Albert Lannon and others interested in the Labor Movement and the Vietnam
    War might want to look at my book, Divided Loyalties: American Unions
    and the Vietnam War (1999, Garland) recently reviewed in Labor History.

    Frank Koscielski Wayne State University


    8. From: Kevin G Boyle <kboyle@history.umass.edu> (March 29)

    I've enjoyed reading the exchanges about what "we" did in the sixties.
    (I put "we" in quotes because, personally, I didn't do anything in the
    sixties.) I'm really interested in how labor unions and working people
    related to the social movements in the era and I've learned a lot from
    reading the postings. I wonder, though, whether the time has come to
    move beyond the effort to fit labor and the working class into the standard
    story of the sixties (that is, to say how they related to SDS or SCLS or
    NOW). Perhaps we also need to look at how working people experienced the
    decade on their own terms: in factories and office buildings, in their
    neighborhoods, in their families, in their churches, at the Moose Lodge.

    Maybe if we look at that perspective, we will get a whole new history of
    the 1960s, one that isn't centered on SDS at all. In other words, maybe
    the time has come to do for the history of the 1960s what historians in
    the 1960s taught us to do with the past, to rewrite it from entirely new

    Kevin Boyle


    9. From: Jefferson Cowie <jrc32@cornell.edu> (March 29)

    Kevin Boyle's posting struck me as particularly important. Decentering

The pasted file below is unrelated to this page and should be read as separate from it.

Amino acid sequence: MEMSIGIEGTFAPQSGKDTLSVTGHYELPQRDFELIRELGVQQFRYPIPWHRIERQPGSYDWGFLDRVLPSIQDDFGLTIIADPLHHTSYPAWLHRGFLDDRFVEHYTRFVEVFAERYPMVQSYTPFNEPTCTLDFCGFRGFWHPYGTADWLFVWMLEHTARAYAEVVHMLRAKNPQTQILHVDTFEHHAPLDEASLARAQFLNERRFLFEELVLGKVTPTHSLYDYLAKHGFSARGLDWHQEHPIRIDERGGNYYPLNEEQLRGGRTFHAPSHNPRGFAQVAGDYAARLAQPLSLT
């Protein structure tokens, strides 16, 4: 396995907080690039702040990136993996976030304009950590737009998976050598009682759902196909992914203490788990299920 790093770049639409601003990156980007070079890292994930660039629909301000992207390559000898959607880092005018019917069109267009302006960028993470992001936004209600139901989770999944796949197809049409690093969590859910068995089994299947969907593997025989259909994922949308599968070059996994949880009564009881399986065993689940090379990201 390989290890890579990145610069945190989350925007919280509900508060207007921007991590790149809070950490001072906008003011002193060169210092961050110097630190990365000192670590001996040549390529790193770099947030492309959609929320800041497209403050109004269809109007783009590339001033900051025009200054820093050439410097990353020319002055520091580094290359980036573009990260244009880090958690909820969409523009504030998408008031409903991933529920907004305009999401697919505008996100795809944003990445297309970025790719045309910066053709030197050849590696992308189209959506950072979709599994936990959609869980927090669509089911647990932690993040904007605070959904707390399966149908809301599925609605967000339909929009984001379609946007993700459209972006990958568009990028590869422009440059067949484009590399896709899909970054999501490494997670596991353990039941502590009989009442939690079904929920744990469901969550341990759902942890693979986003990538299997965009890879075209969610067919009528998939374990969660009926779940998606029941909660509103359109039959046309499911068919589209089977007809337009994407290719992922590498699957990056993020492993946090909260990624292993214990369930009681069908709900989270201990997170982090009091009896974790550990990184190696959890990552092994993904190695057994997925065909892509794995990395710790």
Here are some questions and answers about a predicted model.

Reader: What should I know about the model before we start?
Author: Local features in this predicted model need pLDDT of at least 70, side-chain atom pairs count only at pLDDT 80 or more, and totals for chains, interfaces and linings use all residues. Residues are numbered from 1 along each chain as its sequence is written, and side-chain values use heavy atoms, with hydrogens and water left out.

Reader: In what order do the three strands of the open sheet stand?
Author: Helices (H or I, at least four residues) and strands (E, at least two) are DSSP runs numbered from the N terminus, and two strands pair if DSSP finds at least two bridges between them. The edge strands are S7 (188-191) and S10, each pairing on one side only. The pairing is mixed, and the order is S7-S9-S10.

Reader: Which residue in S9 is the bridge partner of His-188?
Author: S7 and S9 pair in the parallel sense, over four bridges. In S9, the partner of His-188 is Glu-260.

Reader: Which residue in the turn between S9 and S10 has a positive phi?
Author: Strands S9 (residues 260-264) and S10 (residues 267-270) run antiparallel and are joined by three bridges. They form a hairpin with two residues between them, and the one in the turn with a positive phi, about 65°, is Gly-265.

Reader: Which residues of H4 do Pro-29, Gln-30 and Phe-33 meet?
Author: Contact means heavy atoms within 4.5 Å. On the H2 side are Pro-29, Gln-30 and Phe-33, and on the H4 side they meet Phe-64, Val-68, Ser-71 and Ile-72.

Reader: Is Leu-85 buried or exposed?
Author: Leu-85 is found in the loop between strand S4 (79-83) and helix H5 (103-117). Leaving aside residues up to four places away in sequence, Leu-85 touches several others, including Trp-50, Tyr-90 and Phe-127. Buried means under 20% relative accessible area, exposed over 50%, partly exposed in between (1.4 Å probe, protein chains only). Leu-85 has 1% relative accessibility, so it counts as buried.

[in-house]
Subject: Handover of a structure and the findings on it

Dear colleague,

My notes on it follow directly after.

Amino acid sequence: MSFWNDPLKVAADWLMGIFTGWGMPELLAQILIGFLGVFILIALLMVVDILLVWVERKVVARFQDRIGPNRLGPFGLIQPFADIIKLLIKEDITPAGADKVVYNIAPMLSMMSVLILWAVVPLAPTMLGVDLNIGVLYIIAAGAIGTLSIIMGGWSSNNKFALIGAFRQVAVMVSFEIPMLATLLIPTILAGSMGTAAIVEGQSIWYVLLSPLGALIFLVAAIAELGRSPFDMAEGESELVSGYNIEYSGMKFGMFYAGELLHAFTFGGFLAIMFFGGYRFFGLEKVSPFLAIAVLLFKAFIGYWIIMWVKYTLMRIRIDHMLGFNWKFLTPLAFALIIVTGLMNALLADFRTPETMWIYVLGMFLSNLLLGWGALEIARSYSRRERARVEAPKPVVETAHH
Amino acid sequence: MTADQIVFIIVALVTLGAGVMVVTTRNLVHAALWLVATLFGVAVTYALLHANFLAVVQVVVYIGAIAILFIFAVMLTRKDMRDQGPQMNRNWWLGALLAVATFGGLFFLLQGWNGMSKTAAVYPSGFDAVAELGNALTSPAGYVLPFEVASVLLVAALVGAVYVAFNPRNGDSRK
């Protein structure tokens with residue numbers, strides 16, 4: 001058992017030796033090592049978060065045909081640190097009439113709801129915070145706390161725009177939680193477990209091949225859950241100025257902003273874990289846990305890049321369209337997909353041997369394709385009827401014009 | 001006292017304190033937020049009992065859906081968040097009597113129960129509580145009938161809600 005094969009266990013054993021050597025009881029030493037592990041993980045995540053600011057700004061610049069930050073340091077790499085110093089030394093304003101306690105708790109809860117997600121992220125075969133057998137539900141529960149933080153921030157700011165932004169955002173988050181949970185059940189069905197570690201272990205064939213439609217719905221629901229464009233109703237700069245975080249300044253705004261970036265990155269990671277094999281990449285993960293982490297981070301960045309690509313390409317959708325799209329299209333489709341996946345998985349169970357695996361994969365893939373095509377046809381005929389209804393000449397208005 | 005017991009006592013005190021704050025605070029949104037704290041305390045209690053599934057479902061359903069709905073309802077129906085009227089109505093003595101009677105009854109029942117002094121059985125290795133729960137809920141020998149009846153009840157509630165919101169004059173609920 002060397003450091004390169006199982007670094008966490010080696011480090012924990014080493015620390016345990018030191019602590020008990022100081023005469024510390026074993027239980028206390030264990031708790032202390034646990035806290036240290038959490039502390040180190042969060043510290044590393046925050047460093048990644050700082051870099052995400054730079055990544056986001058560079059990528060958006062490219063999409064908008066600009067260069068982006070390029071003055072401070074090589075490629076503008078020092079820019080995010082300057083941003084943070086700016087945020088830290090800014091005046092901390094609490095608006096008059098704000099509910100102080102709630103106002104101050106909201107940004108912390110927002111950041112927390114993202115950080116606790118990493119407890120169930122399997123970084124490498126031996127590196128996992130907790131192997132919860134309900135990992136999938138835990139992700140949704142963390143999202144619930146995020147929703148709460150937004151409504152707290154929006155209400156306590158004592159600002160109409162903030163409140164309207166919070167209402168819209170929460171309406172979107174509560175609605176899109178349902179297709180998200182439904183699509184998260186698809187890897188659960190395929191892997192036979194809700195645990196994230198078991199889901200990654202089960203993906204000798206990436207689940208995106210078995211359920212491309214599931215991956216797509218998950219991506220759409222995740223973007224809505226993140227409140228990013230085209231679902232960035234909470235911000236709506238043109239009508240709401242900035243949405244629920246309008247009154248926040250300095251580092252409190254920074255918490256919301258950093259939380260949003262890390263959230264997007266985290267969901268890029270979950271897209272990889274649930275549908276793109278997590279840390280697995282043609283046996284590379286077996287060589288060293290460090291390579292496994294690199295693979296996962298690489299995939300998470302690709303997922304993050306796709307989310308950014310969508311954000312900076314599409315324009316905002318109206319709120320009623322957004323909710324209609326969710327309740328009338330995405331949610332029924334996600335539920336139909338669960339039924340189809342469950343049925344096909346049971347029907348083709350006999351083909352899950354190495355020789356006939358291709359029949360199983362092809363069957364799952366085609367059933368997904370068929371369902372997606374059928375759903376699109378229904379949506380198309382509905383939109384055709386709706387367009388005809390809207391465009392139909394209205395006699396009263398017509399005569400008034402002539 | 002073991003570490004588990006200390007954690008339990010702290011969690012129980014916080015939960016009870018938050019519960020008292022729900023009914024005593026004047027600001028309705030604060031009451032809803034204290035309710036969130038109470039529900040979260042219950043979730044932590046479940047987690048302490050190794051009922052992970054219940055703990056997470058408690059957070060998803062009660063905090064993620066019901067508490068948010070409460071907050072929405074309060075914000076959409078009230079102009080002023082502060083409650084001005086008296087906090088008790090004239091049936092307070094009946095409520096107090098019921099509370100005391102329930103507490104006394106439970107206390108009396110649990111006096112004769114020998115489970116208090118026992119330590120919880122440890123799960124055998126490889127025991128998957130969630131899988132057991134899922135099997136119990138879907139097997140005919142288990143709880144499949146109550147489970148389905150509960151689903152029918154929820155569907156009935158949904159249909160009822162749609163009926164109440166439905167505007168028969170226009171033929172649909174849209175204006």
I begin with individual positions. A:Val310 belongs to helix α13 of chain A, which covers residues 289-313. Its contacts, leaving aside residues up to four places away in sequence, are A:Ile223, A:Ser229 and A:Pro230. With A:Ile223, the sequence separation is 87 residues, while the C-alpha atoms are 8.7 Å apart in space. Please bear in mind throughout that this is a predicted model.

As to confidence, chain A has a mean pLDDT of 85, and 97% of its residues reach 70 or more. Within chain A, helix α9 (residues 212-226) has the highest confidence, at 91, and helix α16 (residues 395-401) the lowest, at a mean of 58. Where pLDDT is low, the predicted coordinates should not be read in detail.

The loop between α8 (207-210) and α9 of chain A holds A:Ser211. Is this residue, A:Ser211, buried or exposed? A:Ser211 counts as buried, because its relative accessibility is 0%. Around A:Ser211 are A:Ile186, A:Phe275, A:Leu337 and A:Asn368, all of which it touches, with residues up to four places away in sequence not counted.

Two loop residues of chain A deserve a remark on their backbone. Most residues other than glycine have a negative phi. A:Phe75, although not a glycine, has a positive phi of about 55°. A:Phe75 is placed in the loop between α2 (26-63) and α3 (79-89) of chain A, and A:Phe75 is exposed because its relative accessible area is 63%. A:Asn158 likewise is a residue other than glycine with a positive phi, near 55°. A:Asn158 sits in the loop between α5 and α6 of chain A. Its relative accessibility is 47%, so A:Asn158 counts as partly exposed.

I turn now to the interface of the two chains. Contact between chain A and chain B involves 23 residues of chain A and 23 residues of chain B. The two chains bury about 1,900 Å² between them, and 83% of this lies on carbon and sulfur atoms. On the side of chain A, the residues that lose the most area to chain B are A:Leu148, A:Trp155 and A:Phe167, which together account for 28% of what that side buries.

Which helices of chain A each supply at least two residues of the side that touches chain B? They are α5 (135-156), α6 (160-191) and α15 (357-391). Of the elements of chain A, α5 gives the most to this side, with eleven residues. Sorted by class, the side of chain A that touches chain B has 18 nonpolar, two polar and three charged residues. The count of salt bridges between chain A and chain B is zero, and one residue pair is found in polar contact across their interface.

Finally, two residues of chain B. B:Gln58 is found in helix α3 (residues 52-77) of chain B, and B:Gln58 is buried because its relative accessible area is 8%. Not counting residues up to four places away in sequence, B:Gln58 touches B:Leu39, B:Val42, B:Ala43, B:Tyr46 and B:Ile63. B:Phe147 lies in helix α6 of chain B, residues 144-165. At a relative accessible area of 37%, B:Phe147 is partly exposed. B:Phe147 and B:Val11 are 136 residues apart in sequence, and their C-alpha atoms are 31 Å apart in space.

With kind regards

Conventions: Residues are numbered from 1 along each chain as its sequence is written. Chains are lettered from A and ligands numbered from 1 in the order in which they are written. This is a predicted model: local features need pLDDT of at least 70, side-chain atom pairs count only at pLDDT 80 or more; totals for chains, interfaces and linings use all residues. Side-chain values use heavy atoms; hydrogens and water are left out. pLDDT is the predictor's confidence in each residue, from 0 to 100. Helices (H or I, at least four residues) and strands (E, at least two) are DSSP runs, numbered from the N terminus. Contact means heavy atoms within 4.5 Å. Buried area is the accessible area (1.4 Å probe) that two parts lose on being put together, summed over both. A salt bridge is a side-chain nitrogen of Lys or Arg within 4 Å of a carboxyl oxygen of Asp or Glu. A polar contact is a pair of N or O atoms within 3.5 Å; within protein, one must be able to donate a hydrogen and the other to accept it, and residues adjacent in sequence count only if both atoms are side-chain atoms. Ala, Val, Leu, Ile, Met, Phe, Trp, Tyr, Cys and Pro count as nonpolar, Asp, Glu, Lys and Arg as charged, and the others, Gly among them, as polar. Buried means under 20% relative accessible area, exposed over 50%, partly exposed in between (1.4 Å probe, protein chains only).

Berkeley, Columbia, and Ann Arbor, and examining blue-collar communities
    on their own terms will be the only way to understand the sixties "in
    factories and office buildings, in their neighborhoods, in their
    families, in their churches, at the Moose Lodge." Bravo.

    Going one step further, I suspect that "the sixties" as we're describing
    them (questioning of authority, upheavals in gender and race relations,
    the war) didn't really happen in those places IN the sixties. I would
    argue that these issues did not hit most blue collar communities until
    the seventies and did so in different and unintended ways. The many
    questions posed by the New Left were done so in the midst of a successful
    economy, but most working people struggled to come to terms with those
    issues in a different, and shrinking, world of economic opportunity.
    The search for lofty goals such as participatory democracy, authenticity,
    legitimacy of authority, and racial equality seemed very different under
    the weight of the worst economic conditions since the Great Depression.

    Interestingly, the seventies (unlike much of the previous decade) did
    see a resurgence of workplace issues (from federal legislation to strike
    activity to commercial pop culture), but when the answers came, they
    were not pleasant.

    Jeff Cowie


    10. From: "John Beck" <beckj@msu.edu> (March 29)

      AND VIETNAM (1993, UNC Press) to anyone's list to read for understanding